Does high-quality arts programming benefit urban tweens? What does it take to recruit young people ages 10 to 14 to these programs—and keep them coming back? A recent webinar hosted by The National Guild for Community Arts Education provided insight into these questions drawn from research and practice in our Youth Arts Initiative (YAI).
Launched in 2014 with a grant to the Boys & Girls Clubs of America, YAI selected clubhouses in Green Bay and Milwaukee, Wis., and St. Cloud, Minn. to test whether 10 success principles for high-quality youth arts education could be applied to a large multiservice youth organization that services primarily low-income families.
The clubs offered both regular skill-development classes and drop-in opportunities to learn dance; painting, drawing and mural arts; graphic design, digital music, filmmaking and fashion design. Their experiences are discussed in Raising the Barre and Stretching the Canvas: Implementing High Quality Arts Programming in a National Youth Serving Organization, which found that the clubs could, in fact, implement the 10 success principles.
Learning from Real Professionals
The arts classes were taught by professional teaching artists, such as Vedale Hill, a Milwaukee native who runs a mural arts program and is a full-time staff member at the Boys & Girls Clubs of Greater Milwaukee—and who participated in the webinar. The clubs also created designated spaces for arts instruction, worked hard with families and students to encourage regular attendance and organized community performances and art shows to showcase the tweens’ creations.
“The teaching artists were real professionals in a field and that really made tweens want to learn from them. They commanded respect and were serious about teaching the art form,” Wendy S. McClanahan of McClanahan Associates, told the online audience. McClanahan is a co-author of Raising the Barre and the more recent Designing for Engagement: The Experiences of Tweens in the Boys & Girls Clubs’ Youth Arts Initiative, which focuses on whether the clubs could recruit tweens engage them in arts activities and whether the programs added value for both the tweens and the clubs themselves. The answer to all, in short, is yes.
Meeting Youth Where They Are
While professional knowledge is important, Hill agreed, effective teaching artists also know how to work with young people. Since tweens are at an age where participation in afterschool programs often declines, he stressed the importance of getting to know the students and their interests before diving right into formal instruction.
“It was important to me, as one of the kids who grew up in the inner city in Milwaukee and knowing where they were coming from, to make it a point to meet them where they were, before any drawing or painting,” Hill explained. “I went to the gym to shoot a round and played soccer and met them as the person they are.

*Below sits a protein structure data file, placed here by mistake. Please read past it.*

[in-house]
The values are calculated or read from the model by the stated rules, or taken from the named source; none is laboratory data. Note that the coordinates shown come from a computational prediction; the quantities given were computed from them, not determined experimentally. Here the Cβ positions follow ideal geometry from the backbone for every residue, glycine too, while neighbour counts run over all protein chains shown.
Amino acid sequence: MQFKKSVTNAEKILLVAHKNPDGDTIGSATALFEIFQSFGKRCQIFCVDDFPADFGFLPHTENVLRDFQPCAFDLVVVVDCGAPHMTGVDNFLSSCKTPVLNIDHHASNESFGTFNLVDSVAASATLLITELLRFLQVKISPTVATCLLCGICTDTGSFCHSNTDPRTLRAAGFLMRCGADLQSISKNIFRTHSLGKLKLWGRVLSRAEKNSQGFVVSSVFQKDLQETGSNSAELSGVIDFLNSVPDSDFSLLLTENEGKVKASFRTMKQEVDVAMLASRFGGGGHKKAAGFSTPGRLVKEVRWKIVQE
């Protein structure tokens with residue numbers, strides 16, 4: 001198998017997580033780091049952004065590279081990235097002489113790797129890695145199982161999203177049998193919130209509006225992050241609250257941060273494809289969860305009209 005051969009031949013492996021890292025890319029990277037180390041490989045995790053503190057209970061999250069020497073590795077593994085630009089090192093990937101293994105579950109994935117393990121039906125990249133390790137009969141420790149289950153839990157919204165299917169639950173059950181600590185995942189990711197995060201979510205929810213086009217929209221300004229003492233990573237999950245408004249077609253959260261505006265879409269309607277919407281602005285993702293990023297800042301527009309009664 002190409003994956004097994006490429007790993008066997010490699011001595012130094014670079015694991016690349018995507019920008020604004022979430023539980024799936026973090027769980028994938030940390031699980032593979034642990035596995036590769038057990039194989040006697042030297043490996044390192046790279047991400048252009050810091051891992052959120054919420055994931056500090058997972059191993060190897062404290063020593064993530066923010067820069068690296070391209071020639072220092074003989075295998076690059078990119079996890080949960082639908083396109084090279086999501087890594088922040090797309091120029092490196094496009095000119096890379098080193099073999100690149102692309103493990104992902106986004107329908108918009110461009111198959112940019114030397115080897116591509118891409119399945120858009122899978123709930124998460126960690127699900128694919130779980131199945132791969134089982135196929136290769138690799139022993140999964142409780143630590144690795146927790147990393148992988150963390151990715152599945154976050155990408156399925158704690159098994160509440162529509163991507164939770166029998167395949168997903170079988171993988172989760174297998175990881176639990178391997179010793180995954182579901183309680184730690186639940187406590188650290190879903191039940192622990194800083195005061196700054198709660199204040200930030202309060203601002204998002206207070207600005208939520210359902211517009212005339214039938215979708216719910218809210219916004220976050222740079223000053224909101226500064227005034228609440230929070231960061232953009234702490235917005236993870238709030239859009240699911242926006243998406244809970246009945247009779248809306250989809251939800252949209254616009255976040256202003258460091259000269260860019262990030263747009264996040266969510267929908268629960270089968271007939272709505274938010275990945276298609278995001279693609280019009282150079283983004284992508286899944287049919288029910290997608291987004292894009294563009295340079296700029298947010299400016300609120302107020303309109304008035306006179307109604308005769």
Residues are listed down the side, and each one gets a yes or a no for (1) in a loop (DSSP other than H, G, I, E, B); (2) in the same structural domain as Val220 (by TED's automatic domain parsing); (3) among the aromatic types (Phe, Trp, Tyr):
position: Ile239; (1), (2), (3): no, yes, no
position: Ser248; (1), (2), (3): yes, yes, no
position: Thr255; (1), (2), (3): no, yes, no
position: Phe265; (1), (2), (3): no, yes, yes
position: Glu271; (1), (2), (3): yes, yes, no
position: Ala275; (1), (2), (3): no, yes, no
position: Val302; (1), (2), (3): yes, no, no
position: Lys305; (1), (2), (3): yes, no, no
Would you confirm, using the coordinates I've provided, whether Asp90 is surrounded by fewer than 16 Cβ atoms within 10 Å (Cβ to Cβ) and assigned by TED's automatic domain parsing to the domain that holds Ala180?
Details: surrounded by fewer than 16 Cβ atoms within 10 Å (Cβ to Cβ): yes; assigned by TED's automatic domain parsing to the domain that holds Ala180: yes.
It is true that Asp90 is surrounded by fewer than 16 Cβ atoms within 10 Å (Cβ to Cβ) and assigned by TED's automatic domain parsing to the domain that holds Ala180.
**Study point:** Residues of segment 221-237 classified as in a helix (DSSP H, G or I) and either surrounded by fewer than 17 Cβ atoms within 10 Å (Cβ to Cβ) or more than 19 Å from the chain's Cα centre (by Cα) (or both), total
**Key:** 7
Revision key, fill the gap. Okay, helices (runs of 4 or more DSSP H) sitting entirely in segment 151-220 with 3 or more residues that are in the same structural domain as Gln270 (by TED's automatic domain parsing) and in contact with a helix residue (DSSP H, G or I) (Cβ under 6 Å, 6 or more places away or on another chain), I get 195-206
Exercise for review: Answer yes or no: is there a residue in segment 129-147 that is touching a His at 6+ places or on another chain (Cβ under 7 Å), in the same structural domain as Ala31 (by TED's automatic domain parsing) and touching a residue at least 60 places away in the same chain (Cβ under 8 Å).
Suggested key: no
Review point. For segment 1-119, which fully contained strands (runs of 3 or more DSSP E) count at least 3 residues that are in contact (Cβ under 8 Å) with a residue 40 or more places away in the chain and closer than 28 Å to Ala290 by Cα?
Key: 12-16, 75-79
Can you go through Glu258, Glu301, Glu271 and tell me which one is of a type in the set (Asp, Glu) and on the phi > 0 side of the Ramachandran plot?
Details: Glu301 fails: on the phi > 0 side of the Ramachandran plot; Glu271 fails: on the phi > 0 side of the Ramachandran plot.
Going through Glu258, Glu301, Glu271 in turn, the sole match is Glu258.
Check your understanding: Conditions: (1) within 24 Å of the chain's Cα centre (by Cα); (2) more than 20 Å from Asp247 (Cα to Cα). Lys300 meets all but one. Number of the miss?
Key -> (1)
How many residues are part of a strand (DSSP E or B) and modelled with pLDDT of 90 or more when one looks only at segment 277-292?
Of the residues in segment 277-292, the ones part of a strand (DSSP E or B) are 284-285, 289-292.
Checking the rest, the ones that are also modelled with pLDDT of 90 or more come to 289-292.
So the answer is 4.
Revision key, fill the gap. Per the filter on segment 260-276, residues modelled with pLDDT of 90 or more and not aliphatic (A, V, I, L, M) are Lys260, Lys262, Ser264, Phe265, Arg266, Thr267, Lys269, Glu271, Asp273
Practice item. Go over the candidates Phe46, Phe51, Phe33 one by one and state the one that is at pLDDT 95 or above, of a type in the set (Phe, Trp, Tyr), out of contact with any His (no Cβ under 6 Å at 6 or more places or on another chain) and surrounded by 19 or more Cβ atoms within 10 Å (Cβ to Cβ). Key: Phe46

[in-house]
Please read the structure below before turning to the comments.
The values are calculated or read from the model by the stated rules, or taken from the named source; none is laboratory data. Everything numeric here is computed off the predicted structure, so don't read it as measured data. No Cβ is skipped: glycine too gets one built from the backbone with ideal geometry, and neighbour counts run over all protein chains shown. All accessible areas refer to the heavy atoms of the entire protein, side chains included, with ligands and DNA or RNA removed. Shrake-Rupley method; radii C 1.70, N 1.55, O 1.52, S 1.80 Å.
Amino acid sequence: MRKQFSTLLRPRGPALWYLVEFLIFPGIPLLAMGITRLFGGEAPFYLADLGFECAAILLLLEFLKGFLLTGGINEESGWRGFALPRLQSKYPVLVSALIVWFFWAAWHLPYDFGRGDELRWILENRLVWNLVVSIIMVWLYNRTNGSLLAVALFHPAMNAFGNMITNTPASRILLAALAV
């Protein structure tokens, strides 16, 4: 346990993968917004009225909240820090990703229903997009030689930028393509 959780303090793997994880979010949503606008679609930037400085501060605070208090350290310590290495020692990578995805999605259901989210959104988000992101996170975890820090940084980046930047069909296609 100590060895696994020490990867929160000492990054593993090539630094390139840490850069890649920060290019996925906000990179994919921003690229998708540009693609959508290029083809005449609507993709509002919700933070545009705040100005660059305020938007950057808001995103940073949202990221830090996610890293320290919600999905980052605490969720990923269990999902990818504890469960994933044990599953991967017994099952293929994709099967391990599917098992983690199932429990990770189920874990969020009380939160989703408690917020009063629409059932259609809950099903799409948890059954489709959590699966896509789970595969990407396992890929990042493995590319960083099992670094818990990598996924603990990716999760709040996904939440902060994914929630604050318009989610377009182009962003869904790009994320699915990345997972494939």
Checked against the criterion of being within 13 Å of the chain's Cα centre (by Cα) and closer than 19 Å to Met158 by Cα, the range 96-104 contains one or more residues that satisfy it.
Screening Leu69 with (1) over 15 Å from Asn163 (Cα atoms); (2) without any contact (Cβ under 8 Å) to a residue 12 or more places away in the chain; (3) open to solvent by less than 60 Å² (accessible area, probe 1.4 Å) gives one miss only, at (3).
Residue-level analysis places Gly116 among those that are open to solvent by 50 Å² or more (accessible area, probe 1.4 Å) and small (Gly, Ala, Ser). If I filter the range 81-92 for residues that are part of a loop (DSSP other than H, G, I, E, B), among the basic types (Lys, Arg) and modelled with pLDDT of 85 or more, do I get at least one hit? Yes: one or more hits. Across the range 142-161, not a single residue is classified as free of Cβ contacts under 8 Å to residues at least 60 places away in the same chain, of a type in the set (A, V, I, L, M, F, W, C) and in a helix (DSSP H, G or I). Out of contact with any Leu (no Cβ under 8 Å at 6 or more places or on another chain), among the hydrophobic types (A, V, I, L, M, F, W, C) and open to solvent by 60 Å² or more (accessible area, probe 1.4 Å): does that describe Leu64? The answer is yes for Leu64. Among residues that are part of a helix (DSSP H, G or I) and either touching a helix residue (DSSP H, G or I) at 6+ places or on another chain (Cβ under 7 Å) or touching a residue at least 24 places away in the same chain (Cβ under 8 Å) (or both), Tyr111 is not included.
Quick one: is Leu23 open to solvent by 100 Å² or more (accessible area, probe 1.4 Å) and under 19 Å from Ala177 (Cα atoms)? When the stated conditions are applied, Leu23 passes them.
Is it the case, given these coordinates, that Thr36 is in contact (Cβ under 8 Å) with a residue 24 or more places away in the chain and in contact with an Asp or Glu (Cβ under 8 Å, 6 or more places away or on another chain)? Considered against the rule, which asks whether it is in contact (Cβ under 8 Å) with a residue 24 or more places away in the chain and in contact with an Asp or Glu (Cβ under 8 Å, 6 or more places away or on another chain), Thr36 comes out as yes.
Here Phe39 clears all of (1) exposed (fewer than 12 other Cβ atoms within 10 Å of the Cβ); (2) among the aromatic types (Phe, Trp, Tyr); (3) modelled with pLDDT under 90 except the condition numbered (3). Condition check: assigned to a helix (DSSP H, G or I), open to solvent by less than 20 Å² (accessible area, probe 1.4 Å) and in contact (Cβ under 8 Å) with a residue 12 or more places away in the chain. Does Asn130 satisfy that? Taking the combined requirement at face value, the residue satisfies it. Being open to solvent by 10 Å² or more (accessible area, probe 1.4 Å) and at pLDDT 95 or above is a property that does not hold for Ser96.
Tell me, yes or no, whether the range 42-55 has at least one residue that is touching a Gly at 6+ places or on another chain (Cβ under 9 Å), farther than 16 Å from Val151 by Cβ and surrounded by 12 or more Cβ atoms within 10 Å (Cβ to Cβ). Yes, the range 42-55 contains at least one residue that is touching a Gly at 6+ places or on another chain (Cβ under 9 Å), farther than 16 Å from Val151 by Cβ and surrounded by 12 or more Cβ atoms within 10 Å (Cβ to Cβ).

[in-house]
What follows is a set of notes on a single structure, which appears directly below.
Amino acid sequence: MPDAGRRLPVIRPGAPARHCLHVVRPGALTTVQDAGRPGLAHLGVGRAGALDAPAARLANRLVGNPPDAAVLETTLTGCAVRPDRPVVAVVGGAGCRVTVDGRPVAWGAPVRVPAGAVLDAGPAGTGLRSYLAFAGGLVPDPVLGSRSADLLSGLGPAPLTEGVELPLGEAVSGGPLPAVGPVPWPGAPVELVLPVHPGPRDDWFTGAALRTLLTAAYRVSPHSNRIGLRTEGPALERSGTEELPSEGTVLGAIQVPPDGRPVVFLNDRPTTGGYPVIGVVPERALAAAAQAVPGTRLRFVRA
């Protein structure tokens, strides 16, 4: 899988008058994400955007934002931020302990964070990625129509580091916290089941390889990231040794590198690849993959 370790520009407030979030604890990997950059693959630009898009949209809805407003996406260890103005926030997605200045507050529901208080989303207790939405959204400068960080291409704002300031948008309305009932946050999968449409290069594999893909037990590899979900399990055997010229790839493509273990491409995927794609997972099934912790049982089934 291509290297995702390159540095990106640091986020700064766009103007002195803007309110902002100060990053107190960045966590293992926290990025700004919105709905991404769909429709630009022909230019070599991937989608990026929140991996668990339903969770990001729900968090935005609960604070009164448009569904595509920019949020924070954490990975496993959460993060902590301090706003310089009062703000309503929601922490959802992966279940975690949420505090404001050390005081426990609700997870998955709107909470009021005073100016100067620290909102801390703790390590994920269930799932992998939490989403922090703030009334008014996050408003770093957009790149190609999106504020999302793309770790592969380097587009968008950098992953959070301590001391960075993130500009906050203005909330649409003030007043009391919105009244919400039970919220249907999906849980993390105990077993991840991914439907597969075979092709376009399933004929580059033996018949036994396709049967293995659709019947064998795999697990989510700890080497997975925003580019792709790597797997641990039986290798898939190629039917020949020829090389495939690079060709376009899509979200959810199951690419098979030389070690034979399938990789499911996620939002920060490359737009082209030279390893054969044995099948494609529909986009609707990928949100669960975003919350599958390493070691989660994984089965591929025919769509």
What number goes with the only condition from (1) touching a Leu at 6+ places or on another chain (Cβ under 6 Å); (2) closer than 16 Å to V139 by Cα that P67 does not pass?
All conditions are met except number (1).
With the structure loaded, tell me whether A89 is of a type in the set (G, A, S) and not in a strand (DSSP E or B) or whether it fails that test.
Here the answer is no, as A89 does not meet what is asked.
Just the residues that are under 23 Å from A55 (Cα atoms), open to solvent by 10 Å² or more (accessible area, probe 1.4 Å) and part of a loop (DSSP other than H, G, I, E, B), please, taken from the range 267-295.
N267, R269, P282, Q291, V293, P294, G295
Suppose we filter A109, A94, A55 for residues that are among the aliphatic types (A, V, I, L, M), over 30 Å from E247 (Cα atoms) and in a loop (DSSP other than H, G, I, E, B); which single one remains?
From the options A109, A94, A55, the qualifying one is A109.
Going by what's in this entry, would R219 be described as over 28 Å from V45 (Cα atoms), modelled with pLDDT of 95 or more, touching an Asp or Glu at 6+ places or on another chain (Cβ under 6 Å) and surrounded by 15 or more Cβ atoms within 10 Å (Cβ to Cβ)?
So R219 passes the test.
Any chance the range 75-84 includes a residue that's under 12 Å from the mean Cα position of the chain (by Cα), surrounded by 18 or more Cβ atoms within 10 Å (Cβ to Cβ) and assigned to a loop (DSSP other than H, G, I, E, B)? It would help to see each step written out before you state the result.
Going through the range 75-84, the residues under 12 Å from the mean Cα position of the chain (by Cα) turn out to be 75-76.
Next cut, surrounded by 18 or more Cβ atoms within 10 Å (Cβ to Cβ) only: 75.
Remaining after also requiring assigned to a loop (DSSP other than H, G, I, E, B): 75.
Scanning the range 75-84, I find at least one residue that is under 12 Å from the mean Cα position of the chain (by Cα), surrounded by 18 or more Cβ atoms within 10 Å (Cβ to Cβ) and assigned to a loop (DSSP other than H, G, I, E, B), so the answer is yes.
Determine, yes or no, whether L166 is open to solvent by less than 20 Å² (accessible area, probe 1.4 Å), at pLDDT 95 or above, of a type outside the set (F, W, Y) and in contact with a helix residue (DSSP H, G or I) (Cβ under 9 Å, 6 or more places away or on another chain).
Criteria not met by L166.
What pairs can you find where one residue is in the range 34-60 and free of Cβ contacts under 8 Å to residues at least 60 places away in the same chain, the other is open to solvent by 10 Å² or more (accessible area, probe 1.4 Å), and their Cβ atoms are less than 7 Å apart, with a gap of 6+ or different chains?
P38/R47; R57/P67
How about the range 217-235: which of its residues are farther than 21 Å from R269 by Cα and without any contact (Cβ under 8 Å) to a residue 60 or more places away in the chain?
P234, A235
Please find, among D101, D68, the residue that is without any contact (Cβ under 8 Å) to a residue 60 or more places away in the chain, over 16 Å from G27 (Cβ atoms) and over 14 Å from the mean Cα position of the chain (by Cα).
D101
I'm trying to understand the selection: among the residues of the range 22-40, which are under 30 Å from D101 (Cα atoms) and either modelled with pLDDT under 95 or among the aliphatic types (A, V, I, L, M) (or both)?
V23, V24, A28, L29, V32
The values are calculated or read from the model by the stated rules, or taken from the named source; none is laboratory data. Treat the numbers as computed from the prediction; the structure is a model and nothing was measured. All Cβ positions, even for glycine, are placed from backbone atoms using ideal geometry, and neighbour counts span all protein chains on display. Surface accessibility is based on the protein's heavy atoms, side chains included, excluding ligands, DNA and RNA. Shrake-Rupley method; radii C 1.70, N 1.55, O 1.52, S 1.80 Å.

“The best person for the kids,” he said, “is the one who gets them to learn the lesson and have it be relevant content to give purpose to the skill.”
Fostering Youth Voice and Choice
Clubs also gave tweens a say about the programming. Ben Perkovich, director of clubhouse operations for the Boys & Girls Club of Greater Green Bay, explained that his club involved tweens early on in deciding what arts programs to offer and even in hiring the professional artists who taught them. That decision was strategic, he noted: “Once we started having them involved in the programmatic direction, that built enthusiasm and excitement.” The clubs in Milwaukee and Green Bay also offered incentives for participation and behavior, such as pizza parties, field trips and art supplies they could take home.
Positive Youth Development for SEL
Tracey A. Hartmann of Research for Action, a co-author of both reports on the Youth Arts Initiative, said the clubs’ use of strong youth-development practices was key to keeping tweens engaged. These included building positive relationships with adults and peers; giving tweens the opportunity to have input and play leadership roles; providing hands-on activities; and ensuring that participants were physically and emotional safe.
“These were deal-breakers for the youth,” she said of the welcoming climate. In return, the clubs expected them to make a commitment to attend the skill-development classes as much as possible, a major change from the drop-in nature of the other programs offered by the clubs.
Tweens developed social and emotional skills along with artistic skills, Hartmann said. “We heard from parents that they saw a sense of responsibly and time management. Parents pointed to the high expectations, the relationship with teaching artists and high engagement with the program.”
For more insights on the benefits of arts education for young people, read this Brookings Institution evaluation of an initiative in Houston to restore arts education through community partnerships and investments. To learn more about the evidence behind the use of arts to improve student achievement—known as arts integration—and which programs would qualify for federal funding under the Every Student Succeeds Act, read our ESSA evidence review.